Let’s get that brain fooled! With a little curiosity and furniture moving muscles, we’re going to work with what you’ve got to refresh your space and make it feel fresh. We’re going to start with 1 room or even 1 little vignette, but you can apply these principles all over your house.

I'm going to use the entryway in my house to show you how to do this! It's so simple, guys.

STEP ONE: clear the space

This is the step that people usually skip and just go straight to moving their coffee table books around, but don’t. I’d instinctively done for years and years, but then I read about it in one of my favorite books, Cozy Minimalist Home, and it really brought it to life. She calls this “quieting the space.”

Over time we add a bunch of little things to our space trying to make it feel complete or “right”, but mostly we are just adding noise. One day the glass shatters and you realize your entire space is cluttered and awful and you hate everything.

Starting with “I hate everything” isn’t going to give you the best results. Instead we’re going to do a reset. You have two options here:

  1. Clear all of your surfaces. Take out your pillows, vases, throws, picture frames, art, etc. Give everything a good dust while you’re at it, OR

  2. Literally take everything out. Curtains, rugs, all smaller pieces of furniture. This will take more effort but will also yield the most valuable results.

I went whole-hog on this in our last house and documented the entire process on Insta Stories. If you’re a visual person, hop over and watch that and you can see how each room changed! Set up a space where you can move everything for a time – a guest room, the garage, the back porch under a tarp – whatever it takes. It’s temporary. Just be sure it’s fully out of the room you’re working in.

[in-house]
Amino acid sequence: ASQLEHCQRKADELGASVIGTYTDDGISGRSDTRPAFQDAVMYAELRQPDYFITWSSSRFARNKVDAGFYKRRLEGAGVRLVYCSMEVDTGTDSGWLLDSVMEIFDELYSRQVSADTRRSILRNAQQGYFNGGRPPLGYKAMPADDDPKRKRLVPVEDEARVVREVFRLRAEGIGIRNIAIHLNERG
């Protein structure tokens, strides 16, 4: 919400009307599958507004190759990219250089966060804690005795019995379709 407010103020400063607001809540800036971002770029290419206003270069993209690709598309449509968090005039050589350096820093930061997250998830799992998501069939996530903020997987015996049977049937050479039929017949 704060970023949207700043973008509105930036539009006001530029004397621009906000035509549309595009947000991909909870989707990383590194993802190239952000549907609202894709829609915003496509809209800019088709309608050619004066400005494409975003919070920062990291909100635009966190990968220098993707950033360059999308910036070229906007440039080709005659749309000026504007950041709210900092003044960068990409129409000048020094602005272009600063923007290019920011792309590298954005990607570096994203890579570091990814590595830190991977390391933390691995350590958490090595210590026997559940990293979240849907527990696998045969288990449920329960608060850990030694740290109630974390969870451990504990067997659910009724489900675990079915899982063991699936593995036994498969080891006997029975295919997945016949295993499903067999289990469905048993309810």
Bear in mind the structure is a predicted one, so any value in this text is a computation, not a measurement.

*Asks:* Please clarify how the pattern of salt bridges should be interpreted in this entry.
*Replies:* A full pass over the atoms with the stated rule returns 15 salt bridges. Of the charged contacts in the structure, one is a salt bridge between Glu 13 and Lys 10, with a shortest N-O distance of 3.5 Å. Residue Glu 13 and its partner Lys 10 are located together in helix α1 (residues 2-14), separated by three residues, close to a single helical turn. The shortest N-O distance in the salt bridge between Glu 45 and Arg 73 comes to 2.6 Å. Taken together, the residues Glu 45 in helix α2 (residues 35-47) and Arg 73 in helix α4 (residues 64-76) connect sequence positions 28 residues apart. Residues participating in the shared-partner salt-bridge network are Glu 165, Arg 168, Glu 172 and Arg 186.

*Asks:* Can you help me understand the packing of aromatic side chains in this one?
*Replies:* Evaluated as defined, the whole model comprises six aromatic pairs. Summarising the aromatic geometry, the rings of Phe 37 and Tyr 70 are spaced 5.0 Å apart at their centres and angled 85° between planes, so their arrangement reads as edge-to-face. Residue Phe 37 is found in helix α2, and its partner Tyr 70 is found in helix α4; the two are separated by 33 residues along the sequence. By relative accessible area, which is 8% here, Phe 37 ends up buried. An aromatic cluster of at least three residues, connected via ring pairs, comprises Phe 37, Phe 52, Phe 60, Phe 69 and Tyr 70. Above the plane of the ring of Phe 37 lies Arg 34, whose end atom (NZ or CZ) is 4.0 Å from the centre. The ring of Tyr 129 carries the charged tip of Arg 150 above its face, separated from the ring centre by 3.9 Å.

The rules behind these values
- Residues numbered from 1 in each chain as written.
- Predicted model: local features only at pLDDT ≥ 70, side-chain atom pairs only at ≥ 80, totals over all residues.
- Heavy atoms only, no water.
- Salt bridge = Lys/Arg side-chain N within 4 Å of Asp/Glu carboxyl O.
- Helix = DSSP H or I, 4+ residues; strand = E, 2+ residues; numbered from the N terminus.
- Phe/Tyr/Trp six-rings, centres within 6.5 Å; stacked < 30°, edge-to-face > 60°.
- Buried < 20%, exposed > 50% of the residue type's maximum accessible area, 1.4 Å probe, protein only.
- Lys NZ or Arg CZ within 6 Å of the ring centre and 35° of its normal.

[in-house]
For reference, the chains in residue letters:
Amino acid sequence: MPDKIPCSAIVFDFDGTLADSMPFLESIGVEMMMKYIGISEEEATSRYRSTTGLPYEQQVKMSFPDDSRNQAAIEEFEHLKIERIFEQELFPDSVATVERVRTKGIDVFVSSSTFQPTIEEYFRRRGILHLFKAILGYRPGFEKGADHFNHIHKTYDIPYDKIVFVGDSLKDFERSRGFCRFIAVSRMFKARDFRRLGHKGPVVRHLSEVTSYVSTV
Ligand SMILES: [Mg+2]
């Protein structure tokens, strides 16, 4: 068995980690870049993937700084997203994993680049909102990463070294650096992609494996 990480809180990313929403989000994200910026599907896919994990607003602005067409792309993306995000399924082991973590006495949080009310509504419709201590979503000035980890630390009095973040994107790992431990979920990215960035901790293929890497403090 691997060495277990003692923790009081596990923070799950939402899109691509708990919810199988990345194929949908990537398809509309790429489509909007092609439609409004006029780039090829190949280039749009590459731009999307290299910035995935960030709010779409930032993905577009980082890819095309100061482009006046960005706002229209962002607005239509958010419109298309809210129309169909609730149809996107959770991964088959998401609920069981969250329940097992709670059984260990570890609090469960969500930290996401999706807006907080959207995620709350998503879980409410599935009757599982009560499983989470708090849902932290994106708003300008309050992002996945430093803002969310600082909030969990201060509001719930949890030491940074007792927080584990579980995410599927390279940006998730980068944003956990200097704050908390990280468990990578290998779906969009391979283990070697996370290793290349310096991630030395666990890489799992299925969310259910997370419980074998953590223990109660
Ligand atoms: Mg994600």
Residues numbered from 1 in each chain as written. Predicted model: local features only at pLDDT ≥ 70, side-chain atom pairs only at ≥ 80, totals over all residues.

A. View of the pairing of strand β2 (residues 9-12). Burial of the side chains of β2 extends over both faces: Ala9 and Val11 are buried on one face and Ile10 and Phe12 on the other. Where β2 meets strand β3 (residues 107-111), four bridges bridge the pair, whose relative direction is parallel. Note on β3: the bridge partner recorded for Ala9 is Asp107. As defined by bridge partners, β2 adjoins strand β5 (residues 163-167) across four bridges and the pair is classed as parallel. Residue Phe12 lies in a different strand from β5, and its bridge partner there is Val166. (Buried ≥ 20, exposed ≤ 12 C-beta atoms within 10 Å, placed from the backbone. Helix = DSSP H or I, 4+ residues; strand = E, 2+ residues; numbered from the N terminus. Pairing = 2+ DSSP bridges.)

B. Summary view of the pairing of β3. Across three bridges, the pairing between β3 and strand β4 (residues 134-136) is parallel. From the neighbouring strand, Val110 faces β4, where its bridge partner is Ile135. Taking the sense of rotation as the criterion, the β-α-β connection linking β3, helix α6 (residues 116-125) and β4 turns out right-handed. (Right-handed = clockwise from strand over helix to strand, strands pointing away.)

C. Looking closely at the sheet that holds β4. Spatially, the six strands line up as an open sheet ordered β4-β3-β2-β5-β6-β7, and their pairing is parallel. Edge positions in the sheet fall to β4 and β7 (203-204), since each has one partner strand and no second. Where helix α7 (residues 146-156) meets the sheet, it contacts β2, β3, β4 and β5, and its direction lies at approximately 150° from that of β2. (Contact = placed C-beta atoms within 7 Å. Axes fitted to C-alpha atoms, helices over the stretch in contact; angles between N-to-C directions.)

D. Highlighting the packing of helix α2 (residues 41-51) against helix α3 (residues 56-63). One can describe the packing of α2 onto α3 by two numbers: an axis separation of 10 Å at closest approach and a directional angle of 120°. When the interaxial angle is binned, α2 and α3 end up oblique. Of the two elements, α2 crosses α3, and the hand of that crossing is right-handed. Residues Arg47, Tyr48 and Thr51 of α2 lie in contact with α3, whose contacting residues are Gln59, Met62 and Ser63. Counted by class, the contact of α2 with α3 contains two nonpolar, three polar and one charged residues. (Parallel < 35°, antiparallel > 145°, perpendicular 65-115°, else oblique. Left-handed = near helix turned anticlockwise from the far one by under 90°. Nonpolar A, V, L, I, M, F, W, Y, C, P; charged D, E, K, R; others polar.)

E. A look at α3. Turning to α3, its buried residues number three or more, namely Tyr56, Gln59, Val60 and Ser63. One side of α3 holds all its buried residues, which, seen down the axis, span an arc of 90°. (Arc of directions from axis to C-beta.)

The reason why this is helpful is pretty simple – we get used to seeing things the same way and get STUCK there. We can’t visualize how to use the space any other way than how we’ve always used it. One of my favorite parts of being a designer is walking into people’s homes, hearing their struggles, and then coming out with a “what if we just move the door to this other wall” and literally blow their minds. The solution, when you don’t live in it ever day, feels more obvious than it does to the family that’s been stuck beating their heads (or doors) against the wall with a fixed problem.

Taking out all the clutter and unnecessary (or at least temporarily unnecessary) items and living with it for a bit will help you see the room’s possibilities. If it’s a living room, keep enough chairs/seats for your family, a table to sit drinks on, and take everything else out.

You’re going to be tempted to refill this room almost immediately, but resist the urge. Live with this for a minimum of a day, but longer is better. If you can spend days with your space “quieted” the more minimal feeling will go from feeling awkward and uncomfortable to relaxing and calm.

Sit with this for a bit, ride the emotional wave, and don’t move to Step 2 until you’ve moved past discomfort and into calm.

STEP 2: set the intention for the space